Fur Coat and No Knickers
In a fine, angry article in The Irish Times, Fintan O’Toole sums up what’s wrong with public transport policy in Ireland. In fact, now that I think of it, it probably sums up much of public policy in general. And none of this wrong-headedness started with the economic crisis. It started with the beginning of the so-called and now very dead Celtic Tiger.
[pullquote] photo credit: echoforsberg: some rights reserved. [/pullquote]
We need to get away from the “fur coat and no knickers” mentality that dominates transport policy. Big, glamorous and monumentally expensive projects like Metro North would be fine if they were coming on top of a decent basic public service. In a time of crisis, scrapping the metro would save at least €5 billion.
And he gets to the nub of it here:
This is a public service that you’re paying for twice, through your taxes and your fares. It is, literally, a connection to your city, your society, your country.
And when it doesn’t function, your society is telling you something. It is reminding you that you don’t really matter, that even in the small, apparently banal things of life, you are a person of no importance.
Public transport, in this respect, is a function, not just of an economy, but of a democracy. A decent service is a form of public respect. A bad one is a form of public disregard.
–Fintan O’Toole Bus cuts plan shows contempt for people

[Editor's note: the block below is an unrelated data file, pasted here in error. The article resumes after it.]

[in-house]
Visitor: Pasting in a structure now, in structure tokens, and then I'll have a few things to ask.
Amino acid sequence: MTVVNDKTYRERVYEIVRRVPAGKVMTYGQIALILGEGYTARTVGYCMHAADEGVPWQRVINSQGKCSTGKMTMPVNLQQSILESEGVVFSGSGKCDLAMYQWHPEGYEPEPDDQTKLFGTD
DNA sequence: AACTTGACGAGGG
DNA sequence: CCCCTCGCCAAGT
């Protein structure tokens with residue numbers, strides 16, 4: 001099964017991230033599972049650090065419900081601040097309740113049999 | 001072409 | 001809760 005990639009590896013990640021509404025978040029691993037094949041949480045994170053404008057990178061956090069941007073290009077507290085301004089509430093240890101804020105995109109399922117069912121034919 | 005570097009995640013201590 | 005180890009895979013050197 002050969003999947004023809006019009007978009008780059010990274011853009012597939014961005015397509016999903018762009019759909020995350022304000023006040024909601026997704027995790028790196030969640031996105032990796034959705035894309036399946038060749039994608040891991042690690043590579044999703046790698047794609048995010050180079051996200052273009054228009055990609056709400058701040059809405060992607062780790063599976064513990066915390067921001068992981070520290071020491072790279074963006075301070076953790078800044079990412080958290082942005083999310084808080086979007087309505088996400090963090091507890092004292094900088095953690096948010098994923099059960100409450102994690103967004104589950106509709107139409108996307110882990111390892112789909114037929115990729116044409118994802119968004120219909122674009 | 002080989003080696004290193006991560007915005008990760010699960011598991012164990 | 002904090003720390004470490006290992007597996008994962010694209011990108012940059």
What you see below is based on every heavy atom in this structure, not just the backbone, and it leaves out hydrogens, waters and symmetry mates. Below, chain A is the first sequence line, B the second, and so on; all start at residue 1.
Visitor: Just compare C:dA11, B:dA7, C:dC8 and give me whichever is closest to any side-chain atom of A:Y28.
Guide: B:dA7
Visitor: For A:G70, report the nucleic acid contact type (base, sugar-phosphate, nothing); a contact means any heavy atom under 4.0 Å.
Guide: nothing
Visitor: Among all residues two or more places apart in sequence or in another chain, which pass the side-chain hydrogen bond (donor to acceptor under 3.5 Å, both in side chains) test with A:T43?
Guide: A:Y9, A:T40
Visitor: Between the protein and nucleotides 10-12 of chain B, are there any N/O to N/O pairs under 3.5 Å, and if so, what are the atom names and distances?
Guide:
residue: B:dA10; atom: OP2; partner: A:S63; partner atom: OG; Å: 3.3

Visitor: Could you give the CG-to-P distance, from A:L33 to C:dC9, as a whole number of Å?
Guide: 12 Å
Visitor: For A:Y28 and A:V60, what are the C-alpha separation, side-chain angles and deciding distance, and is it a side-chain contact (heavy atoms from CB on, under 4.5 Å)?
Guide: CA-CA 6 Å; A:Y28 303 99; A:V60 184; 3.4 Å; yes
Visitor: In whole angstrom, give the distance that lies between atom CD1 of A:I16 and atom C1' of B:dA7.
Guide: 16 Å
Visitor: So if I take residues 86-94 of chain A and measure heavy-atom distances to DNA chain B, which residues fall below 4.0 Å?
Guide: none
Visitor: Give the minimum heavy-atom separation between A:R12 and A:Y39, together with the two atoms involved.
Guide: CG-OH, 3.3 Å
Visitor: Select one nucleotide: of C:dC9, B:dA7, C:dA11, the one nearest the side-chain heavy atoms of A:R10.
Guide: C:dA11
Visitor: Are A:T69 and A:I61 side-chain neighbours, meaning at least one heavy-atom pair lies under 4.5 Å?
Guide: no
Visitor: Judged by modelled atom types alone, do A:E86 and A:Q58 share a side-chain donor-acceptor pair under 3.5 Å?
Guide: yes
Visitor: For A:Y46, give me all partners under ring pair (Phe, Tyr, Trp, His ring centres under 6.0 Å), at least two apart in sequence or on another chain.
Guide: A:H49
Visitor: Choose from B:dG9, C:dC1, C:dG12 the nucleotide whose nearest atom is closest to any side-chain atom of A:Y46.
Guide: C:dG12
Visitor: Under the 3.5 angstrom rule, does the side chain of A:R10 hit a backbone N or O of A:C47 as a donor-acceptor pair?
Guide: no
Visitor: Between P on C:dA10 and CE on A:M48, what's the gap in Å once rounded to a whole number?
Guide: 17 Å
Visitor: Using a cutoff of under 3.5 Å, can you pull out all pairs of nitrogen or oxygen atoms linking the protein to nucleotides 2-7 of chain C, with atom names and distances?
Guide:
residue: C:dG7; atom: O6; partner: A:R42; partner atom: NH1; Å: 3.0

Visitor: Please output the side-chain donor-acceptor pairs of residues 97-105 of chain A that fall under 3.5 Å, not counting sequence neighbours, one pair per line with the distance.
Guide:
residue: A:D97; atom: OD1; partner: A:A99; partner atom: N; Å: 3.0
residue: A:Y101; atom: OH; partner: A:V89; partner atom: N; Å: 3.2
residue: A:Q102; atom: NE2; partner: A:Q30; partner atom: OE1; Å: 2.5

“This is a public service that you’re paying for twice, through your taxes and your fares.”
No one seems to ask the question: why are we paying twice? Why not just once, through taxes?
I’ve tried to tease out this question in Transported for some years now, but O’Tooles article has crystalized a few things for me. For instance, the point about respect has been at the back of my mind for a long time. Now it’s at the front.
Contrast urban Dublin, with a population of half a million, with a city like urban Bogotá in Columbia, with a population of almost 7 million, and where income is one-tenth of what it is in New York.
Here are two videos from Streetfilms which illustrate the point. [Streetfilms is the video arm of the Livable Streets Initiative: producing educational, entertaining, and inspiring films for a sustainable urban environment.]
Streetfilms-BRT Transmilenio (Bogotá, Colombia)
Street Films – Lessons from Bogotá
Note: I used the Youtube versions of the videos above as I found the FlowPlayer used on the site to be very slow (a pity, it’s a gpl player).
Note 2. I used the Video Embedder plugin for WordPress to embed these video files. It makes life a lot simpler, from a cross-browser point of view. If you’ve problems seeing the videos please let me know.